The first global report on the state of shellfish was released today at the International Marine Conservation Congress in Washington, DC. Painting a dire picture for shellfish worldwide, the report found that 85 percent of oyster reefs have vanished.
Threats such as over-development on coasts, destructive fishing practices, altered river flows, dams, and agricultural runoff, have led the researchers to conclude that oyster reefs are the most devastated marine habitat in the world.
“We’re seeing an unprecedented and alarming decline in the condition of oyster reefs, a critically important habitat in the world’s bays and estuaries,” said Mike Beck, senior marine scientist at The Nature Conservancy and lead author of the report.
Oyster reefs in North America, Europe, and Australia are particularly hard-hit with many of the reef systems considered functionally extinct. Still the majority of wild oysters come from the east coast of North America, where even these productive reefs are in decline.
Oysters are devoured as a culinary delicacy in many parts of the world, but their importance to the human diet goes back millennia. Oyster middens have been found in pre-historical sites on coastlines around the world.
However, oyster reefs are important for more reasons than simply as an exotic food source. Oyster reefs filter nitrogen out of the water, improving its quality. The reef systems are also natural coastal buffer, protecting shorelines and coastal marshes, and in turn protecting communities from storm surges and sea-level rises.
“Shellfish provide multiple ecosystem benefits including improved water quality and important habitat for a wide variety of fish and other aquatic life,” said Patricia Montanio, Director of the National Oceanic and Atmospheric Administration (NOAA) National Marine Fisheries Service Habitat Program. “Since 2001, NOAA has worked with the Conservancy to implement successful restoration of shellfish and other coastal habitats. Now more than ever, it’s important that we make a concerted effort to protect, restore and conserve these valuable coastal assets.”
Still, the report sees a rough road ahead for oyster reef restoration. Oyster reef ecosystems are currently managed as fisheries, viewed solely as a food commodity with little attention given to their important contributions toward marine ecosystem health. In addition many people believe that a decline in native shellfish can be corrected by introductions of non-native shellfish, however these alien species been found to spread disease and cause other harm to local ecosystems.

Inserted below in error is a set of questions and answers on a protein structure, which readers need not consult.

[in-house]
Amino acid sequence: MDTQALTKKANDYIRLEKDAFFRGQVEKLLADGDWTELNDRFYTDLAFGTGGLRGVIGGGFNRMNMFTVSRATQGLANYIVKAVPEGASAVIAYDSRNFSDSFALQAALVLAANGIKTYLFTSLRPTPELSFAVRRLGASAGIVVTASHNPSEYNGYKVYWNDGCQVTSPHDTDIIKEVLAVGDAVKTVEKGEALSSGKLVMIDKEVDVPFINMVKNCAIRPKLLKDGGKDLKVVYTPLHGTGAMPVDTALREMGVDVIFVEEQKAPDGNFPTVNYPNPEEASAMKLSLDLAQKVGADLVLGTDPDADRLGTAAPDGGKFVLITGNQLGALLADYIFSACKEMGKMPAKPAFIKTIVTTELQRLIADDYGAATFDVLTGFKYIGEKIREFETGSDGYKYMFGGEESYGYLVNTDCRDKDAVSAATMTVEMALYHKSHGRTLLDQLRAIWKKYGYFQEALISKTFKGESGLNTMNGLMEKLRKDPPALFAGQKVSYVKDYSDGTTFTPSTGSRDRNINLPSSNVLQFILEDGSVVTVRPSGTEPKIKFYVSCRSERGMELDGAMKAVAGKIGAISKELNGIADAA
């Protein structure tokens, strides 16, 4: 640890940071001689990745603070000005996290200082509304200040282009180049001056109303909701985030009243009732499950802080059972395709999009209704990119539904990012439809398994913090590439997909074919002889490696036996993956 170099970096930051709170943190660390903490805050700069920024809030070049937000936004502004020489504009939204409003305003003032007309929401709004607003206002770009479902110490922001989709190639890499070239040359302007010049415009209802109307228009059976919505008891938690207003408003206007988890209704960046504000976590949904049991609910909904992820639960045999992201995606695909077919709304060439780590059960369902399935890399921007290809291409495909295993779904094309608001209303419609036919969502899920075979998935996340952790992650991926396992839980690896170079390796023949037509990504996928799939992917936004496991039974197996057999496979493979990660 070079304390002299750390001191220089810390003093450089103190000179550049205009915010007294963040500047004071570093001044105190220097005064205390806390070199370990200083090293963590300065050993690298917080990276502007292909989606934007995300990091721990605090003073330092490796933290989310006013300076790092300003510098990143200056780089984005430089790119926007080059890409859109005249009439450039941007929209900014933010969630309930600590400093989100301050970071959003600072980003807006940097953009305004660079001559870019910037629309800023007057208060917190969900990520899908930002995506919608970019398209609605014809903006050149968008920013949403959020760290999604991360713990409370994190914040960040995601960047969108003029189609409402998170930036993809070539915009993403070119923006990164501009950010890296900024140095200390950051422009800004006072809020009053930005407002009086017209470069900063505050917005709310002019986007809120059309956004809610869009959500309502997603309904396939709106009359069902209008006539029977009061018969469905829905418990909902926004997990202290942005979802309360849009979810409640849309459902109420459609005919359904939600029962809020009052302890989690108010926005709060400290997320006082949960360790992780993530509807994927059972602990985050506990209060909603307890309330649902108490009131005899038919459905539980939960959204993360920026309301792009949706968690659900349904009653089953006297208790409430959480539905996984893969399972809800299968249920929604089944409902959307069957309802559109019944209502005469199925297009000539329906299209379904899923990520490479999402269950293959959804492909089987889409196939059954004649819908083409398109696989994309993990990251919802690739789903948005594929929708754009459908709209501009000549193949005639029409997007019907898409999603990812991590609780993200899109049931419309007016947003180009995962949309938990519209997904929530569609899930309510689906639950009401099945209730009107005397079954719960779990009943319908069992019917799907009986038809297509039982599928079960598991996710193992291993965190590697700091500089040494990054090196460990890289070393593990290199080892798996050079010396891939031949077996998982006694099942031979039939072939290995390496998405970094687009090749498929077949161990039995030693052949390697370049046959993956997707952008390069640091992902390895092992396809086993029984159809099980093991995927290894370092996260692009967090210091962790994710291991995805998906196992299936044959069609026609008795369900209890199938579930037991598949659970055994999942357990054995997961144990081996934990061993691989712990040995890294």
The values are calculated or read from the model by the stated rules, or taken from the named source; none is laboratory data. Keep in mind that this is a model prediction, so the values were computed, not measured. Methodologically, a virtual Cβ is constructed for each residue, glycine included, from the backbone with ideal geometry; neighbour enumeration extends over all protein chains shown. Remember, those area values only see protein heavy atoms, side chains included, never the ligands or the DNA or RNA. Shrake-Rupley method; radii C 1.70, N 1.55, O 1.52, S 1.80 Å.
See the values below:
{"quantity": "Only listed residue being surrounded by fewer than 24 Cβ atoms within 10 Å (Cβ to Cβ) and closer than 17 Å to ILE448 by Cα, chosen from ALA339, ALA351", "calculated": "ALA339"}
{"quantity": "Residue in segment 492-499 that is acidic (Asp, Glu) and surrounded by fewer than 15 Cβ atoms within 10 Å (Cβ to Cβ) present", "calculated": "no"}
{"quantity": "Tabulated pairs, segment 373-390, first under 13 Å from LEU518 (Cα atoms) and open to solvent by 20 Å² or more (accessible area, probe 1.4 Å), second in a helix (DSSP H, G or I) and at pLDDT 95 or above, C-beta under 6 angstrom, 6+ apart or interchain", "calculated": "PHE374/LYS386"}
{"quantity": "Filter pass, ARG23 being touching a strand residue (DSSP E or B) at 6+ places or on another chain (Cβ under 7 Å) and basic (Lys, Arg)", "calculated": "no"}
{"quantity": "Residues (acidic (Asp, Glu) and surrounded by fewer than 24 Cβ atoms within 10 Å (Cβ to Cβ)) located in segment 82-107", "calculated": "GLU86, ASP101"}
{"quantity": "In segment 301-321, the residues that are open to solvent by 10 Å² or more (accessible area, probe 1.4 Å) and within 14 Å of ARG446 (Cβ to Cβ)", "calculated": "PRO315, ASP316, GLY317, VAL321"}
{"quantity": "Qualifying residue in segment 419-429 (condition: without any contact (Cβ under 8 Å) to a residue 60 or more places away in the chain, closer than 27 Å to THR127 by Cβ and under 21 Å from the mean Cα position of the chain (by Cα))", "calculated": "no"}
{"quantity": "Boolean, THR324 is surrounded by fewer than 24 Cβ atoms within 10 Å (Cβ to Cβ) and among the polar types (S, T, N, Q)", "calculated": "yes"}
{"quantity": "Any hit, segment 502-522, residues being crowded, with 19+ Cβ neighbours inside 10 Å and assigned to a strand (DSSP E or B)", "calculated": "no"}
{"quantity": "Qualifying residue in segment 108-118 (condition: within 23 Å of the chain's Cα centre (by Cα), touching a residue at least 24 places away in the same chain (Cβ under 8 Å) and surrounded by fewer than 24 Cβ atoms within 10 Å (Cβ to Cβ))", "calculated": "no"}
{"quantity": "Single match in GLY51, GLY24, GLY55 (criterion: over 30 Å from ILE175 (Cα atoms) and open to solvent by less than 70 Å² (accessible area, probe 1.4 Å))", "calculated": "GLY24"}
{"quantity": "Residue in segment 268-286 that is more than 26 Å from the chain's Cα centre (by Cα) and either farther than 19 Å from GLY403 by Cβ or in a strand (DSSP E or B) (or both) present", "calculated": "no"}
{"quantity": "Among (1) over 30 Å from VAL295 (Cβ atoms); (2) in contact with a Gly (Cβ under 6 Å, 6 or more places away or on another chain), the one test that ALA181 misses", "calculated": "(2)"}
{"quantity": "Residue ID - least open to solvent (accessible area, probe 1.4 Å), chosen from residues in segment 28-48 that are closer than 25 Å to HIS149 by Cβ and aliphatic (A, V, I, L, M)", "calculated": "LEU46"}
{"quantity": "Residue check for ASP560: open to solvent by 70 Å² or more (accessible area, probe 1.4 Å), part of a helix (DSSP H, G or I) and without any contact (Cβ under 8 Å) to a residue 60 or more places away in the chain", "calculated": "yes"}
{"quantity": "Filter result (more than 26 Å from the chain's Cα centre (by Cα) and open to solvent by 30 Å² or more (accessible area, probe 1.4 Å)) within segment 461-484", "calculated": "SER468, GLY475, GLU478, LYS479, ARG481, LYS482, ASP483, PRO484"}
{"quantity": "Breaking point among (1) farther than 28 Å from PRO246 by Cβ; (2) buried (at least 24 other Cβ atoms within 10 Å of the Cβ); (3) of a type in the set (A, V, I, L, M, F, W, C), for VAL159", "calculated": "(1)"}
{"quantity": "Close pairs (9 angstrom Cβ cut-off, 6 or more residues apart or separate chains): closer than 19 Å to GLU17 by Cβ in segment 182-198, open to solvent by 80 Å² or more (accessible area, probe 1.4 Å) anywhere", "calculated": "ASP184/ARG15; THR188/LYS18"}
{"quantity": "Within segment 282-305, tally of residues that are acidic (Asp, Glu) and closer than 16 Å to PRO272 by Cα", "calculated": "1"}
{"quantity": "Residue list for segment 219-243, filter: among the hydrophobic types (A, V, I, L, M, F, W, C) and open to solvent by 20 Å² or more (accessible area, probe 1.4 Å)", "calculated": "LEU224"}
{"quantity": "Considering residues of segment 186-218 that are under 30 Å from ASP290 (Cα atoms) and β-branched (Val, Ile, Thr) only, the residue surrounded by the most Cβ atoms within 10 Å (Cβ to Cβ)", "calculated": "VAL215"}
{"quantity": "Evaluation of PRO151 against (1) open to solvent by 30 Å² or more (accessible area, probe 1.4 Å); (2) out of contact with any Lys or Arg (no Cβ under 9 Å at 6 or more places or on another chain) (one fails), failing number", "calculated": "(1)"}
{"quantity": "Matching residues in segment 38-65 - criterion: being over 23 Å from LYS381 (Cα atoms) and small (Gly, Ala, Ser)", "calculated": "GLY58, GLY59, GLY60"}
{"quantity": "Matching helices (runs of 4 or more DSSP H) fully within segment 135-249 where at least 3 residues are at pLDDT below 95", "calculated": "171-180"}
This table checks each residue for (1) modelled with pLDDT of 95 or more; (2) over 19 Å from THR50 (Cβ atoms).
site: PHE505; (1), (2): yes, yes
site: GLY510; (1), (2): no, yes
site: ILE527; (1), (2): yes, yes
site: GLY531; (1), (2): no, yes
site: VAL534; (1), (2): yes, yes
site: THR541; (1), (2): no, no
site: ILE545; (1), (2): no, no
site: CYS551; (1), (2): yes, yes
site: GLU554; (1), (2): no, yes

“We want to raise awareness that the world’s remnant oyster reefs and populations are important, since they may in fact represent some of the last examples of reef habitat produced by a particular species of oyster,” said Christine Crawford, a scientist with the Tasmanian Aquaculture and Fisheries Institute at the University of Tasmania in Australia and one of the co-authors of the report.
In light of these challenges, the report recommends making native wild oyster reefs a priority for conservation status worldwide. It further suggests that organizations and governments should carry out restorations of degraded reefs while improving protected area policies to save vulnerable shellfish.
“Realistic and cost-effective solutions within conservation and coastal restoration programs, along with policy and reef management improvements, provide hope for the survival of shellfish.” says Beck
The comprehensive report was written by scientists across five continents.
(03/16/2009) Recommendations by international health agencies, doctors, nutritionists, and the media to consume more fish for better health ignore the fact that fish stock are collapsing worldwide, reports a new study published in the Canadian Medical Association Journal. “Even at current levels of fish consumption, fisheries globally have reached a state of severe crisis. Already, the demand from affluent and developing economies, particularly newly affluent China, cannot be met by the world’s fisheries,” states the new report.
(09/18/2008) In November 2006 a study on global fisheries received a lot of attention: employing 53 years worth of fishery data, Boris Worm predicted that by 2048 the ocean would be empty of fish. Essentially there would be nothing left to catch. Already, Worm reported, fishing stocks had collapsed in 29 percent of the world’s fisheries. Although scientists called for rapid and overhauling changes to fisheries, the fishing industry carried on business-as-usual. Now, two years later, a study in Science proposes to have found the solution to the global fishery-collapse.
(09/08/2008) Fish stocks are declining globally. While the consumer in the industrial world has yet to feel the full impact of this decline, those in the developing world know it well. Local small-scale fishermen are catching less fish to feed growing populations. Jennifer Jacquet of the Sea Around Us Project believes the hope for sustainable seafood lies in these very fisheries.